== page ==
I had tried to recollect it, I could certainly have recalled little or nothing of that scene long past. Of all the wonderful faculties that help to tell us we are immortal, which speaks the sublime truth more eloquently than memory? Here was I, in a strange house of the most suspicious character, in a situation of uncertainty, and even of peril, which might seem to make the cool exercise of my recollection almost out of the question; nevertheless, remembering, quite involuntarily, places, people, conversations, minute circumstances of every kind, which I had thought forgotten forever; which I could not possibly have recalled at will, even under the most favorable auspices. And what cause had produced in a moment the whole of this strange, complicated, mysterious effect?
Nothing but some rays of moonlight shining in at my bedroom window. I was still thinking of the picnic--of our merriment on the drive home--of the sentimental young lady who would quote "Childe Harold" because it was moonlight. I was absorbed by these past scenes and past amusements, when, in an instant, the thread on which my memories hung snapped asunder; my attention immediately came back to present things more vividly than ever, and I found myself, I neither knew why nor wherefore, looking hard at the picture again.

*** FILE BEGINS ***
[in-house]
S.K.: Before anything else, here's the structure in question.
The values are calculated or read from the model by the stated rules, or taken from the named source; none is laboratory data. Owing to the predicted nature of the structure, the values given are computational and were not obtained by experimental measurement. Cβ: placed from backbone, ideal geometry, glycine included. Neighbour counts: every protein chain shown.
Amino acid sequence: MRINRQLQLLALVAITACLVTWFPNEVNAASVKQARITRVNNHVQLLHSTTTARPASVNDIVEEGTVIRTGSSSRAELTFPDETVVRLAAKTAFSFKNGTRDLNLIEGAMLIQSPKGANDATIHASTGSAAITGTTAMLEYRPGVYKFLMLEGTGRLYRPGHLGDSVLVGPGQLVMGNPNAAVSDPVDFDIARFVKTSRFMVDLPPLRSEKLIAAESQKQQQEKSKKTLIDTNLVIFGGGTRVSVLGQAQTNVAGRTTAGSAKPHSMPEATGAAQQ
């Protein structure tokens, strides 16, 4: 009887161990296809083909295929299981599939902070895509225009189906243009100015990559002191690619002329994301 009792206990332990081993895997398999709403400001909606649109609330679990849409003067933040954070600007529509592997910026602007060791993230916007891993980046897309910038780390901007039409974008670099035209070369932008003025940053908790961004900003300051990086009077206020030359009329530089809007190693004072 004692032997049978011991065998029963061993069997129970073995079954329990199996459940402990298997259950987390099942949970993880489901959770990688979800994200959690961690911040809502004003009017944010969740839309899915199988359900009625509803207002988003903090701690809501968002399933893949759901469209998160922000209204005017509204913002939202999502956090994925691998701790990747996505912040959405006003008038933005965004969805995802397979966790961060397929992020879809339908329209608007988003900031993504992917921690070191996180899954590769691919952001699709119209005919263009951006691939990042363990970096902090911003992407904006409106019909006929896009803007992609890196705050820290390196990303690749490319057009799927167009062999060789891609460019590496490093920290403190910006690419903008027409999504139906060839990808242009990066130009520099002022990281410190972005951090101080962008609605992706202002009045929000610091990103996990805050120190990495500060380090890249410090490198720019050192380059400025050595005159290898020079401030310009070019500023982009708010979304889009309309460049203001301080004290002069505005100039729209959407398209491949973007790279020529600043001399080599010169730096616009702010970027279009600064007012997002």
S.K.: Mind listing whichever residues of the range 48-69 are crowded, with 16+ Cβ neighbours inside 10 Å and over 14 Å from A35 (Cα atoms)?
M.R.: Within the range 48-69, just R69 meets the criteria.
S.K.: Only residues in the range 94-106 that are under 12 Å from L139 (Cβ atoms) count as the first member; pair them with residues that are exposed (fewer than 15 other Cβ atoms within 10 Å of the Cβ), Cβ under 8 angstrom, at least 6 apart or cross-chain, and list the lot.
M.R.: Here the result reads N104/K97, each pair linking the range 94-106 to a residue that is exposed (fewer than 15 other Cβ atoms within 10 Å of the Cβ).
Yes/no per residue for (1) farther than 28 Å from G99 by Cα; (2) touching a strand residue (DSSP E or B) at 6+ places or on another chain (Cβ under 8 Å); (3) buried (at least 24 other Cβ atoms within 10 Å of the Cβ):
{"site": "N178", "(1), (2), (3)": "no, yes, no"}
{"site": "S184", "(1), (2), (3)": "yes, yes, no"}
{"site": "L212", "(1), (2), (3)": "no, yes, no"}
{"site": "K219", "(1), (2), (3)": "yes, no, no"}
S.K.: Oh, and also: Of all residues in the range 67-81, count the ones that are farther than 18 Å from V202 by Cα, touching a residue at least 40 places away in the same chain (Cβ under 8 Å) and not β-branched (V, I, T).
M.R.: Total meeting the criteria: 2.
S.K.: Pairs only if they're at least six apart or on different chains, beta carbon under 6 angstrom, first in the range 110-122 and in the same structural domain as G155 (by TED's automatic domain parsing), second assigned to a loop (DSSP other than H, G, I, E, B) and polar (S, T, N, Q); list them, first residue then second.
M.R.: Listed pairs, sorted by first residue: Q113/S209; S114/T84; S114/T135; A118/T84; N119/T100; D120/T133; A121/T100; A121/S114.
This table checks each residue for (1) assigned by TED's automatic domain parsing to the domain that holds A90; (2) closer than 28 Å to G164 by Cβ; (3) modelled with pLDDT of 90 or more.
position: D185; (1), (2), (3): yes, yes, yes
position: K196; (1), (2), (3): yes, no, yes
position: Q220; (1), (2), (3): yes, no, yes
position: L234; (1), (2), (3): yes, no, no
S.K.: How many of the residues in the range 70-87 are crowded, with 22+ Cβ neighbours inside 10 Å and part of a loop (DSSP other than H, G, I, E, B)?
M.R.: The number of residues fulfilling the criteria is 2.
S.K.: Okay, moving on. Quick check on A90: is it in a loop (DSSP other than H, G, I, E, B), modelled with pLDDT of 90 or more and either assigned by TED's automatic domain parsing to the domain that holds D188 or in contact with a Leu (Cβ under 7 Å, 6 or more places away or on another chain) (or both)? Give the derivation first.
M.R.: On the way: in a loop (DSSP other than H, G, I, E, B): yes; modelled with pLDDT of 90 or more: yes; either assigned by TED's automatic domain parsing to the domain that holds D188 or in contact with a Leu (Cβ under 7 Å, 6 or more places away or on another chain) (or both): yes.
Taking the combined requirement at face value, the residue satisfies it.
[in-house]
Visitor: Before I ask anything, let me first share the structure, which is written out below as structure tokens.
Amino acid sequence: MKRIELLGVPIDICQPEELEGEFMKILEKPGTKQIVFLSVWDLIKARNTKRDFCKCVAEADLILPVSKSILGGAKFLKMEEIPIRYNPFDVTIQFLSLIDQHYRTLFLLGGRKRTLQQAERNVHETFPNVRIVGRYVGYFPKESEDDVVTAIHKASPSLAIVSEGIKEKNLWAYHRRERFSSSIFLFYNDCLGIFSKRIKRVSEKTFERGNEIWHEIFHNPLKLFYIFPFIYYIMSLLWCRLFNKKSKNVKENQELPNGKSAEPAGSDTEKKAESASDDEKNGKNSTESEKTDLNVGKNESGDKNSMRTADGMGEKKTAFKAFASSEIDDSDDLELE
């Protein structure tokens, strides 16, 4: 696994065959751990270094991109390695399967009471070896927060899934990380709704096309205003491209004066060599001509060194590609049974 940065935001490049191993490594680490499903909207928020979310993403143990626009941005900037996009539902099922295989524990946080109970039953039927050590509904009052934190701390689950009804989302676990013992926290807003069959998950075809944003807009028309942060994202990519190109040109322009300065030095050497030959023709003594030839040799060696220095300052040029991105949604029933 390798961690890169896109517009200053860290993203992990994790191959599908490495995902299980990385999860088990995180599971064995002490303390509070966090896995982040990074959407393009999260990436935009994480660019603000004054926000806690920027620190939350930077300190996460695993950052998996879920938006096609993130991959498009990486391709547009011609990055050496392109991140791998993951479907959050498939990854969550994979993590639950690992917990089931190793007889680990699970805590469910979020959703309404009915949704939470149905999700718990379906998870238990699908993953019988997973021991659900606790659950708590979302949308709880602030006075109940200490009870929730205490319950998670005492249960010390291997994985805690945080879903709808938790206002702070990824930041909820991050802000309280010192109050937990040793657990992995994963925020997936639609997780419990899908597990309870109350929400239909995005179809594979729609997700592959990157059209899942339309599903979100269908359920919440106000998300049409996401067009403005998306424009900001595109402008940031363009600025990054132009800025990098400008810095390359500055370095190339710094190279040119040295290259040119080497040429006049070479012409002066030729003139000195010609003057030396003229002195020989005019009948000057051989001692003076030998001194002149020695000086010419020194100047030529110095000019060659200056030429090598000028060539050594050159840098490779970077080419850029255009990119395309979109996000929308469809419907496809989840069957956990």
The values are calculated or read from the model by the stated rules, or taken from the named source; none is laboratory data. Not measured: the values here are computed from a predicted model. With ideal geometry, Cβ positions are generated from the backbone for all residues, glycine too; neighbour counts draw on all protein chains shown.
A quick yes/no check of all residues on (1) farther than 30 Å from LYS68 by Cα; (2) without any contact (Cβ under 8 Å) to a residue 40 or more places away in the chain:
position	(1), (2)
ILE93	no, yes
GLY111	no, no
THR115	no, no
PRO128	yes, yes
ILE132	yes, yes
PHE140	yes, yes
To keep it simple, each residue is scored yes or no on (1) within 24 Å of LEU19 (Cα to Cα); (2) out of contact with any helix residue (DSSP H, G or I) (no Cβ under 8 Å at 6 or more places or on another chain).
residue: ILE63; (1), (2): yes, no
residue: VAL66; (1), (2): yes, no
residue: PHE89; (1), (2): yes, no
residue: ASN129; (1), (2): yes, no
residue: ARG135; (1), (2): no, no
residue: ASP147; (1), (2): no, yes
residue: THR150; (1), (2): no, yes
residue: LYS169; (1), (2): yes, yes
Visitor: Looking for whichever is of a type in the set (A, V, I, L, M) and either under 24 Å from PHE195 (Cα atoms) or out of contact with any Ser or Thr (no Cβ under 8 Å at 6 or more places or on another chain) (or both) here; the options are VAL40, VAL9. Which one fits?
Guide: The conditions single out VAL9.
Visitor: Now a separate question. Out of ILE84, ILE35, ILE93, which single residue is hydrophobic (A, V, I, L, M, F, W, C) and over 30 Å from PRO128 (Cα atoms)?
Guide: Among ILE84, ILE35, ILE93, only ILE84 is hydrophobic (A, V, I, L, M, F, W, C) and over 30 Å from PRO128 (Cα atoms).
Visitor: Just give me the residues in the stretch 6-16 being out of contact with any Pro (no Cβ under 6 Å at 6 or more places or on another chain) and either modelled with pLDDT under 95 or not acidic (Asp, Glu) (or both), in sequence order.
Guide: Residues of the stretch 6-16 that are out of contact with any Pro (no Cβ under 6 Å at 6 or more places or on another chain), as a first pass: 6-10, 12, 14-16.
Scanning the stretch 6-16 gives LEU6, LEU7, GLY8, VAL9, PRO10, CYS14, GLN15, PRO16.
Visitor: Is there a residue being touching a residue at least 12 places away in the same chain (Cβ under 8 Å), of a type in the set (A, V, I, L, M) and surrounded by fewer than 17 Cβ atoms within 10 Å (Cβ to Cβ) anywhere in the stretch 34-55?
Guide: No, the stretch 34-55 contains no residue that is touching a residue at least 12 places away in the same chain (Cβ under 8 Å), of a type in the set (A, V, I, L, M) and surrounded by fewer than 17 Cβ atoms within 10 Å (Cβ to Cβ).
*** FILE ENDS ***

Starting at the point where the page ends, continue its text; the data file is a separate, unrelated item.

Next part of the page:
Looking for what? Good God! the man had pulled his hat down on his brows! No! the hat itself was gone! Where was the conical crown? Where the feathers--three white, two green? Not there! In place of the hat and feathers, what dusky object was it that now hid his forehead, his eyes, his shading hand?
Was the bed moving? I turned on my back and looked up. Was I mad? drunk? dreaming? giddy again? or was the top of the bed really moving down--sinking slowly, regularly, silently, horribly, right down throughout the whole of its length and breadth--right down upon me, as I lay underneath?
My blood seemed to stand still. A deadly paralysing coldness stole all over me as I turned my head round on the pillow and determined to test whether the bed-top was really moving or not, by keeping my eye on the man in the picture.
The next look in that direction was enough. The dull, black, frowzy outline of the valance above me was within an inch of being parallel with his waist. I still looked breathlessly. And steadily and slowly--very slowly--I saw the figure, and the line of frame below the figure, vanish, as the valance moved down before it.